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Old November 3, 2008, 04:02 PM   #101
bobn
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i sure hope you guys are right. i guess i dont see bad guys carrying single shots. lol. bobn
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Old November 3, 2008, 04:06 PM   #102
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I can tell you from first hand experience that a .40S&W (180 gr Federal Hydrashok) fired from a Glock 22 (4.5 inch barrel) will penetrate the following layers of construction material:

Penetrated a layer of sheet rock first, then a concrete construction breeze block, through a 2x4 framing timber, through another layer of sheet rock, and finally through a layer of bathroom tile. The bullet had lost enough steam by then to be stopped by a plastic shower curtain. Still...I was impressed.

Thats a lot of building material which that 180 grainer was capable of truckin' through.
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Old November 3, 2008, 10:35 PM   #103
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Maybe this has been stated before, but just because you are investigating a noise that you KNOW is nothing to worry about, while noting that most people would not carry a weapon to investigate the noise, I don't see a problem in choosing to bring a weapon. If you just HAVE to investigate, if you have a pistol and it's nothing, then you're fine, and the pistol wasn't a problem. But if Jack Nicholson's character from The Shining jumps out with an axe (), then you're adequately prepared to defend yourself. However, if he jumps out when you don't have a weapon, you're worse off. What I'm trying to say is that there is no problem in carrying a weapon where you don't need one.

Whether you ARE clearing your house or NOT, being armed is a benefit. Unless the BG somehow wrestles it from you, I guess, but if that is a possibility for you, then you probably have no business clearing your house (I admittedly fall into this category).

Also, I'm guessing this intruder has a reason for being in your house. Most likely, he's there to steal something. His objective is theft, and your objective is clearing your house. You only have to be quiet enough so that the BG (who is either grabbing stuff or searching for stuff to grab) cannot hear you. If you are quiet enough, he won't know where you are, and he will be preoccupied with his theft. This gives you the familiarity with your surroundings and the element of surprise. The rest of this paragraph is meaningless, however, if he is there to harm you, in which case, you'll probably know before you get out of your bedroom if he's a professional.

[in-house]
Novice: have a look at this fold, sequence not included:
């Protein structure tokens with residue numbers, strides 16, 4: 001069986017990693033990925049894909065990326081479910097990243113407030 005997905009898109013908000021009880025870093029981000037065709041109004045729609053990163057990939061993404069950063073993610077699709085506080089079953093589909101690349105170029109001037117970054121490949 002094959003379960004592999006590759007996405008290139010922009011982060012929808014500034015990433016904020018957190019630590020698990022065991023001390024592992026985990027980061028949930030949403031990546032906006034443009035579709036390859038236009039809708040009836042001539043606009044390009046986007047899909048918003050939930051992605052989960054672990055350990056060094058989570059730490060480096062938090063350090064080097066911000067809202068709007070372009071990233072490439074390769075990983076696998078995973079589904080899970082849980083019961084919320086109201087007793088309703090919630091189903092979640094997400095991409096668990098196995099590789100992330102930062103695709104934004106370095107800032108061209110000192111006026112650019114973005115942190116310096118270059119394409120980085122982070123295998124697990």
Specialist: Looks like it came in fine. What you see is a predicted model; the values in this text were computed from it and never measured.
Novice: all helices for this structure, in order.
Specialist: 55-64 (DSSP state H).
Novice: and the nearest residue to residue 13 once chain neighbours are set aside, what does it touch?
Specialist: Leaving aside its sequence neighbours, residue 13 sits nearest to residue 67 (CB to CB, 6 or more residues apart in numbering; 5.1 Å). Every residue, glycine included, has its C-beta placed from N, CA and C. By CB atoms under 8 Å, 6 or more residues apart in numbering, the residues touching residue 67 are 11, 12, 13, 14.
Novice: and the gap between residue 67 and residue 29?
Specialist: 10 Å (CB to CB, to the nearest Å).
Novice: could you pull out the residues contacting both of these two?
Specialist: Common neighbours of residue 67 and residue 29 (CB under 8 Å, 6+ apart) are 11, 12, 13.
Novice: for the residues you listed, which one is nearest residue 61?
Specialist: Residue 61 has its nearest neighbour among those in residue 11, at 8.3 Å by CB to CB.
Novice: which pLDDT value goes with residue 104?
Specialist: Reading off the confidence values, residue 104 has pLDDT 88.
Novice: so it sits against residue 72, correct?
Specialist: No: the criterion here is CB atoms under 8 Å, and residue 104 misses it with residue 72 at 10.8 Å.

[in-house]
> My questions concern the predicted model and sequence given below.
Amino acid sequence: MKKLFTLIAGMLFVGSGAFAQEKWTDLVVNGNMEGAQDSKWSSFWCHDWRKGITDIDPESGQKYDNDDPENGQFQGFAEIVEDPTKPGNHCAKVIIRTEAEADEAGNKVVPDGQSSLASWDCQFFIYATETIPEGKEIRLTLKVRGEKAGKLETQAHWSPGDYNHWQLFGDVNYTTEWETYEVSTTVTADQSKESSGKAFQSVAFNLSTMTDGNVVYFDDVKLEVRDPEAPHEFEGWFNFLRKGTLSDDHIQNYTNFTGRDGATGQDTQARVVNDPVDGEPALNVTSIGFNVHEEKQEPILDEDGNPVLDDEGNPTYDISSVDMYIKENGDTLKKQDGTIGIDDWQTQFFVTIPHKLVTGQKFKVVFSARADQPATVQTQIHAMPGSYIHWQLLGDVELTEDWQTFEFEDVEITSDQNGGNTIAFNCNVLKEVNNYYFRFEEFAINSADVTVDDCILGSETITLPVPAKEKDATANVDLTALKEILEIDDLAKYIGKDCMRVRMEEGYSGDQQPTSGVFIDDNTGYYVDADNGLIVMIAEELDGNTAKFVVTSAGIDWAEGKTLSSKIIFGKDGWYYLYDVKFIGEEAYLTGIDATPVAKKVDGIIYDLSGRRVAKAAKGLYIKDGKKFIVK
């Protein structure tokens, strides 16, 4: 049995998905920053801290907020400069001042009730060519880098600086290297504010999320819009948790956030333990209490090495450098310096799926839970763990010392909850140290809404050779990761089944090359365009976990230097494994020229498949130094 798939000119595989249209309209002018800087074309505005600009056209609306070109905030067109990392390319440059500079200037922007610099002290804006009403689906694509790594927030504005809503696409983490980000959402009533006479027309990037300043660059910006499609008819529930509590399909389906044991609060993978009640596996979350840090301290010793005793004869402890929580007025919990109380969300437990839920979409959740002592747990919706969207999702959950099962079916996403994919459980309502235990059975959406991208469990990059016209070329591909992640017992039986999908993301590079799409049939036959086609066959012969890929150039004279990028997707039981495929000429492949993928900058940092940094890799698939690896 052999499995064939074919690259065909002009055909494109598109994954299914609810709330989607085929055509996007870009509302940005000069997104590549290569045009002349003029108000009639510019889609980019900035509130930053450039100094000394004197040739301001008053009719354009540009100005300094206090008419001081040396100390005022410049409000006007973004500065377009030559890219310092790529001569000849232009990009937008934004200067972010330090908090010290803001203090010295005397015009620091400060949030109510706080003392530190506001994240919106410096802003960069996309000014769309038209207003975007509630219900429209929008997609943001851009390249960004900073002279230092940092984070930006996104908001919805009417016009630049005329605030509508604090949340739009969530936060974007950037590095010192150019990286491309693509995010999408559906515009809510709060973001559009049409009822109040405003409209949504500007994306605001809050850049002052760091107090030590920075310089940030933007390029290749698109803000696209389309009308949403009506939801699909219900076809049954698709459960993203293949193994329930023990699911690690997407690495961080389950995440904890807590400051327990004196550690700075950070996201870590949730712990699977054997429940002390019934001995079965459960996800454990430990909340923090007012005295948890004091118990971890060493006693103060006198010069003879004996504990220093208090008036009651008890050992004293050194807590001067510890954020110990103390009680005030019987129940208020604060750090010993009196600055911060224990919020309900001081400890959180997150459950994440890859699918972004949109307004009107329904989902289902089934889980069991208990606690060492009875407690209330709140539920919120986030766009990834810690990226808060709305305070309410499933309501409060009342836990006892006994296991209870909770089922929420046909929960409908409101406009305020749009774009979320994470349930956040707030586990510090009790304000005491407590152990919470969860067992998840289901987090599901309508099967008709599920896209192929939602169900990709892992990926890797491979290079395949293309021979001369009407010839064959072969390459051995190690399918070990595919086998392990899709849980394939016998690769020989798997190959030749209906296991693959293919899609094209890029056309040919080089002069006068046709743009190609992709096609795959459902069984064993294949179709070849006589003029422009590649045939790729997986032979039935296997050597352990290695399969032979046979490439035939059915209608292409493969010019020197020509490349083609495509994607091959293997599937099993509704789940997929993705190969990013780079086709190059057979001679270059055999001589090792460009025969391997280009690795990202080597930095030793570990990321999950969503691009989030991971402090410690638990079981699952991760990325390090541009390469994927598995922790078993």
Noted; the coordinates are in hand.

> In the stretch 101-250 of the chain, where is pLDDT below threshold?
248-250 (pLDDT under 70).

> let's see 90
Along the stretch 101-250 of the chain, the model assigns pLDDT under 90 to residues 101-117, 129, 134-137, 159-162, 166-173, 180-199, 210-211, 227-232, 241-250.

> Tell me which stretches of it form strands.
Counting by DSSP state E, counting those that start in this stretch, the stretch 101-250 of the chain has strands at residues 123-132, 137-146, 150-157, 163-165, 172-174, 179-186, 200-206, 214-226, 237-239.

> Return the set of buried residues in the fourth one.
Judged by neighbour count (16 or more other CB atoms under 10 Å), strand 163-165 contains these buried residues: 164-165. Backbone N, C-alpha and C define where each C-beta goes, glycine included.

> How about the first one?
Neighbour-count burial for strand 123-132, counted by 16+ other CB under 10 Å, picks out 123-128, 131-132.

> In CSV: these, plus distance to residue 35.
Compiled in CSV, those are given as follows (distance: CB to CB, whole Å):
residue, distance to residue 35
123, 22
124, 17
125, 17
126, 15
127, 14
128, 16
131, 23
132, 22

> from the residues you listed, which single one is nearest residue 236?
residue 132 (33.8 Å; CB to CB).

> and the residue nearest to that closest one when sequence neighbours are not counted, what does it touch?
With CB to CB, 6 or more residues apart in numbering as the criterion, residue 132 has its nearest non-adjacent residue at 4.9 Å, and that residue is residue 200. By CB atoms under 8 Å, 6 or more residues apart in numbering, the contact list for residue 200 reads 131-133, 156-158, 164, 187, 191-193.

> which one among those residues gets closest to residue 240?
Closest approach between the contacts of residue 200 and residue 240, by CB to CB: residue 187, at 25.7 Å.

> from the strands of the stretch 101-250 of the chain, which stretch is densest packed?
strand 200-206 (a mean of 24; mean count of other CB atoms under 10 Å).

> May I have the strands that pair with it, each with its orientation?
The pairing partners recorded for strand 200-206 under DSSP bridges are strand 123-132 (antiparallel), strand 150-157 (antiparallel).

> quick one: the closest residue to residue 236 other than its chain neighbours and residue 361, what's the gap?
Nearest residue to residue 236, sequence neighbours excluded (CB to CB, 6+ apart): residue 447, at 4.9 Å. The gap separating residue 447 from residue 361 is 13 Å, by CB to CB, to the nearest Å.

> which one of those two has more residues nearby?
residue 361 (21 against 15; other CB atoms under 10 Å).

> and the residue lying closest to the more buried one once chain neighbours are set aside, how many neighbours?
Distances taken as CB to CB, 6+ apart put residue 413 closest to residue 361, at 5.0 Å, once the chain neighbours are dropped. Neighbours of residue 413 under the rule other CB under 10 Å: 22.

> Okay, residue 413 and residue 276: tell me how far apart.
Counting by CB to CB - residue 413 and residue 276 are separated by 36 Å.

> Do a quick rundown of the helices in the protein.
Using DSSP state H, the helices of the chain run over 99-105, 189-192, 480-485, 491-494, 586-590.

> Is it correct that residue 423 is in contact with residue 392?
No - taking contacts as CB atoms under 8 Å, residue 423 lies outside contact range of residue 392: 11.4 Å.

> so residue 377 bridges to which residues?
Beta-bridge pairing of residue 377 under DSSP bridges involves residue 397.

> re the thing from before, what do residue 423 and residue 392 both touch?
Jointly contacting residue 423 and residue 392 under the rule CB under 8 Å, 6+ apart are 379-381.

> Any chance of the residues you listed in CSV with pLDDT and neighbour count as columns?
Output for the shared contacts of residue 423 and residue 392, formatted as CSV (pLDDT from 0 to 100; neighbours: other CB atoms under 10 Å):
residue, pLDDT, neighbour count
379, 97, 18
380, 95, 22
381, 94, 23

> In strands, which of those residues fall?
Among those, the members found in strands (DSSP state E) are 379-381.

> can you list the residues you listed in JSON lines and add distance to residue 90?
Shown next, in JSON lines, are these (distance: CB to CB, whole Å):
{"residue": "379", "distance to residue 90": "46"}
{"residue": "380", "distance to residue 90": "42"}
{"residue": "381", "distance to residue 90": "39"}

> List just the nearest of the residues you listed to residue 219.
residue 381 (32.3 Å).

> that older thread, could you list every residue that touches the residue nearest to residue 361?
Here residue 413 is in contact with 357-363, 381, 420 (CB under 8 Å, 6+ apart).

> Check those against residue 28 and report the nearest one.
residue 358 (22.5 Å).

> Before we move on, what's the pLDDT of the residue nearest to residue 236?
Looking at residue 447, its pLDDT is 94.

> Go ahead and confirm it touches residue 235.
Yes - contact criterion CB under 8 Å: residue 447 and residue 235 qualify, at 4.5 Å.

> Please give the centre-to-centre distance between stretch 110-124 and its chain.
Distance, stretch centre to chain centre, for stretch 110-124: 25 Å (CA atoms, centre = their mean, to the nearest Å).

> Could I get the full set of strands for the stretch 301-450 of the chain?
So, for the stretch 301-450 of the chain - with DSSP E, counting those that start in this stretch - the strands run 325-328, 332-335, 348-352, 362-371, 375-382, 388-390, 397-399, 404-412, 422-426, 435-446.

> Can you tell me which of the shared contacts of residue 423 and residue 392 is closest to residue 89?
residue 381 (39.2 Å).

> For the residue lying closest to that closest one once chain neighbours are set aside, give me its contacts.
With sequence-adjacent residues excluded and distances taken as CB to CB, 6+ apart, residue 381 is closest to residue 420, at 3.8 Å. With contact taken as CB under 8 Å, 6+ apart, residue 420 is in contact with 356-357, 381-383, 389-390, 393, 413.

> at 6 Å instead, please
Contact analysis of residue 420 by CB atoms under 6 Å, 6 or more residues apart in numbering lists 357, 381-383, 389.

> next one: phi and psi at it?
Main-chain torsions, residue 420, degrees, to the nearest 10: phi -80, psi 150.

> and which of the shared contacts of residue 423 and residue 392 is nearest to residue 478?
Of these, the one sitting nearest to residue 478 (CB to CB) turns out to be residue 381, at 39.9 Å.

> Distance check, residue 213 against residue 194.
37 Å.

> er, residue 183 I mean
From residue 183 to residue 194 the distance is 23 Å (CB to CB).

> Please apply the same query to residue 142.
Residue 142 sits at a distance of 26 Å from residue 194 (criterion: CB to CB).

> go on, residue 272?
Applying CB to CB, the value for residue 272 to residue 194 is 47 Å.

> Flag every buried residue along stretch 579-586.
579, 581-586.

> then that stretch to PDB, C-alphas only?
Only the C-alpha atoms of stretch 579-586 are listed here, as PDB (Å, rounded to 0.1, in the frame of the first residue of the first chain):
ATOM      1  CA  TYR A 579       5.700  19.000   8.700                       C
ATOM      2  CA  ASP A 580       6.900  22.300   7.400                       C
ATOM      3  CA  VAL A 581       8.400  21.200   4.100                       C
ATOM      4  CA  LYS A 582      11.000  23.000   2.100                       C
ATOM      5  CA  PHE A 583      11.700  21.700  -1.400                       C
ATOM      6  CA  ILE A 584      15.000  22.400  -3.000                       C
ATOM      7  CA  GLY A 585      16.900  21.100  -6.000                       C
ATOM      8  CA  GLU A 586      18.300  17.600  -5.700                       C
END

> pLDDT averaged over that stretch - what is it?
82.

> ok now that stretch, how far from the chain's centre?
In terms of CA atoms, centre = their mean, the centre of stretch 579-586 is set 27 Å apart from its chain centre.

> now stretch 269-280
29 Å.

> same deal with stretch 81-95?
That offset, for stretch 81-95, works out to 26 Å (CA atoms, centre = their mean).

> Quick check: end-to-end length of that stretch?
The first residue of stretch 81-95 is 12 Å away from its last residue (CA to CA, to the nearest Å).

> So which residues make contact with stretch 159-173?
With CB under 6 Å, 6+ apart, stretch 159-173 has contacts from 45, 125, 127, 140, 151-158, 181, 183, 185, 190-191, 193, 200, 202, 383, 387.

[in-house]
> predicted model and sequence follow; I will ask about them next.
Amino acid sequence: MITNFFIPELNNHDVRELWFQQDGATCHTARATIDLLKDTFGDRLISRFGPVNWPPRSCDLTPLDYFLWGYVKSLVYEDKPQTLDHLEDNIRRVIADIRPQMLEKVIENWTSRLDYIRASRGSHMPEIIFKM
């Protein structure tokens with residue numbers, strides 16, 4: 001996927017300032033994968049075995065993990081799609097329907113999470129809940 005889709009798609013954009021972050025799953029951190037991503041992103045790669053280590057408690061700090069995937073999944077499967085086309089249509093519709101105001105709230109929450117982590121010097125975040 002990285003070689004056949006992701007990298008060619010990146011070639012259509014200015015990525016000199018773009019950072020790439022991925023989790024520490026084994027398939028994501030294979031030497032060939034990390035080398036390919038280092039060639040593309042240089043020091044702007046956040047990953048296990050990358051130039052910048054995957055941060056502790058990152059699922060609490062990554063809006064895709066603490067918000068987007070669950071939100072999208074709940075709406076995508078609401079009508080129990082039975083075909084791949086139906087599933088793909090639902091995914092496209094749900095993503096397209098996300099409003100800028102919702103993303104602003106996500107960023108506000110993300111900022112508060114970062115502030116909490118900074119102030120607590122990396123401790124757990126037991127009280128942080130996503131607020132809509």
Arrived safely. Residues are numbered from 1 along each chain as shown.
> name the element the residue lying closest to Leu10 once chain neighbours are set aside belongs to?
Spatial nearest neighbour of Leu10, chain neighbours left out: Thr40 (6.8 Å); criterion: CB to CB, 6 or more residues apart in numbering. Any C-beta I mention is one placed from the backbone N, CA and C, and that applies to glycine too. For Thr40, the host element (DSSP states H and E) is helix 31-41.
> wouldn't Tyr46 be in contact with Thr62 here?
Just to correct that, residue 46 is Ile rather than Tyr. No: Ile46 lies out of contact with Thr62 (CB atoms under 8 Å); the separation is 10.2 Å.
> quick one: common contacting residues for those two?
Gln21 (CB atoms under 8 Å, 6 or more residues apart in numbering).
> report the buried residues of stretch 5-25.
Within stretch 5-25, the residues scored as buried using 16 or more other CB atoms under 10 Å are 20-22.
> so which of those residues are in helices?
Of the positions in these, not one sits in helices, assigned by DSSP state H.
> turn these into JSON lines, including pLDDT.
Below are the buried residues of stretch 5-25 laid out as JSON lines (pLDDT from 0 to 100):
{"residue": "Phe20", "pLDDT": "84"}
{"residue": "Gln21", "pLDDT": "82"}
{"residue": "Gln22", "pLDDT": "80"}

As a disclaimer, this post was made without the benefit of professional training or personal experience. Please correct any fallacies, as this entire post was my imaginings of theoretical scenarios.
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Old November 3, 2008, 11:14 PM   #104
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Quote:
Originally Posted by BuckHammer
...As a disclaimer, this post was made without the benefit of professional training or personal experience. Please correct any fallacies, as this entire post was my imaginings of theoretical scenarios....
One thing I find particularly interesting, in this and a similar thread (http://www.thefiringline.com/forums/...d.php?t=314788). It seems that most of the folks around here who have had some training in house clearing and who have done some solo house clearing exercises in that training (sometime force-on-force using simunitions) seem generally to want to avoid doing it themselves in real life. Could that be a clue that solo house clearing is not a good thing to do?

While I'm at it, I have to correct an error I made in an earlier post.

In post #25, I wrote:
Quote:
Originally Posted by fiddletown
Massad Ayoob tells a story about the National Tactical Invitational, an annual competition in which some 130 of the top shooters and firearm trainers participate by invitation only. One of the events is a force-on-force exercise using simunitions in which the competitor must clear a house against a single "BG." According to Mas, during the first seven of these annual events, not a single competitor "survived" the exercise. The tactical advantage of the ensconced adversary is just too great. And remember, these competitors were highly skilled, highly trained fighters.
I just received a PM from Mas clarifying that during the first six years of the NTI, one, and only one, competitor got through one of those six NTIs without being judged killed, and he was head of NASA security firearms training at the time. And one, and only one, made it through the seventh year.

However, I don't think that changes anything. Solo house clear still seems to be a demonstrably bad idea.
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Old November 4, 2008, 02:35 AM   #105
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I'm not going to read through five pages of post in regards to the original question and the thread drifts. Instead, I'll just give my answer to the original question.

I do not actively go looking for a gunfight. The surest way to win a gunfight is to not be in one.

If I am certain that the noise is felonious in nature I am staying hunkered down in the home and preparing to repel boarders and calling 911. If after careful observation, listening and using my three dogs to ascertain what the noise was and I am certain it's not a human caused noise I will let the dogs out to investigate, and lock the door behind them. I also will have turned on all the outside lights while keeping the inside lights off.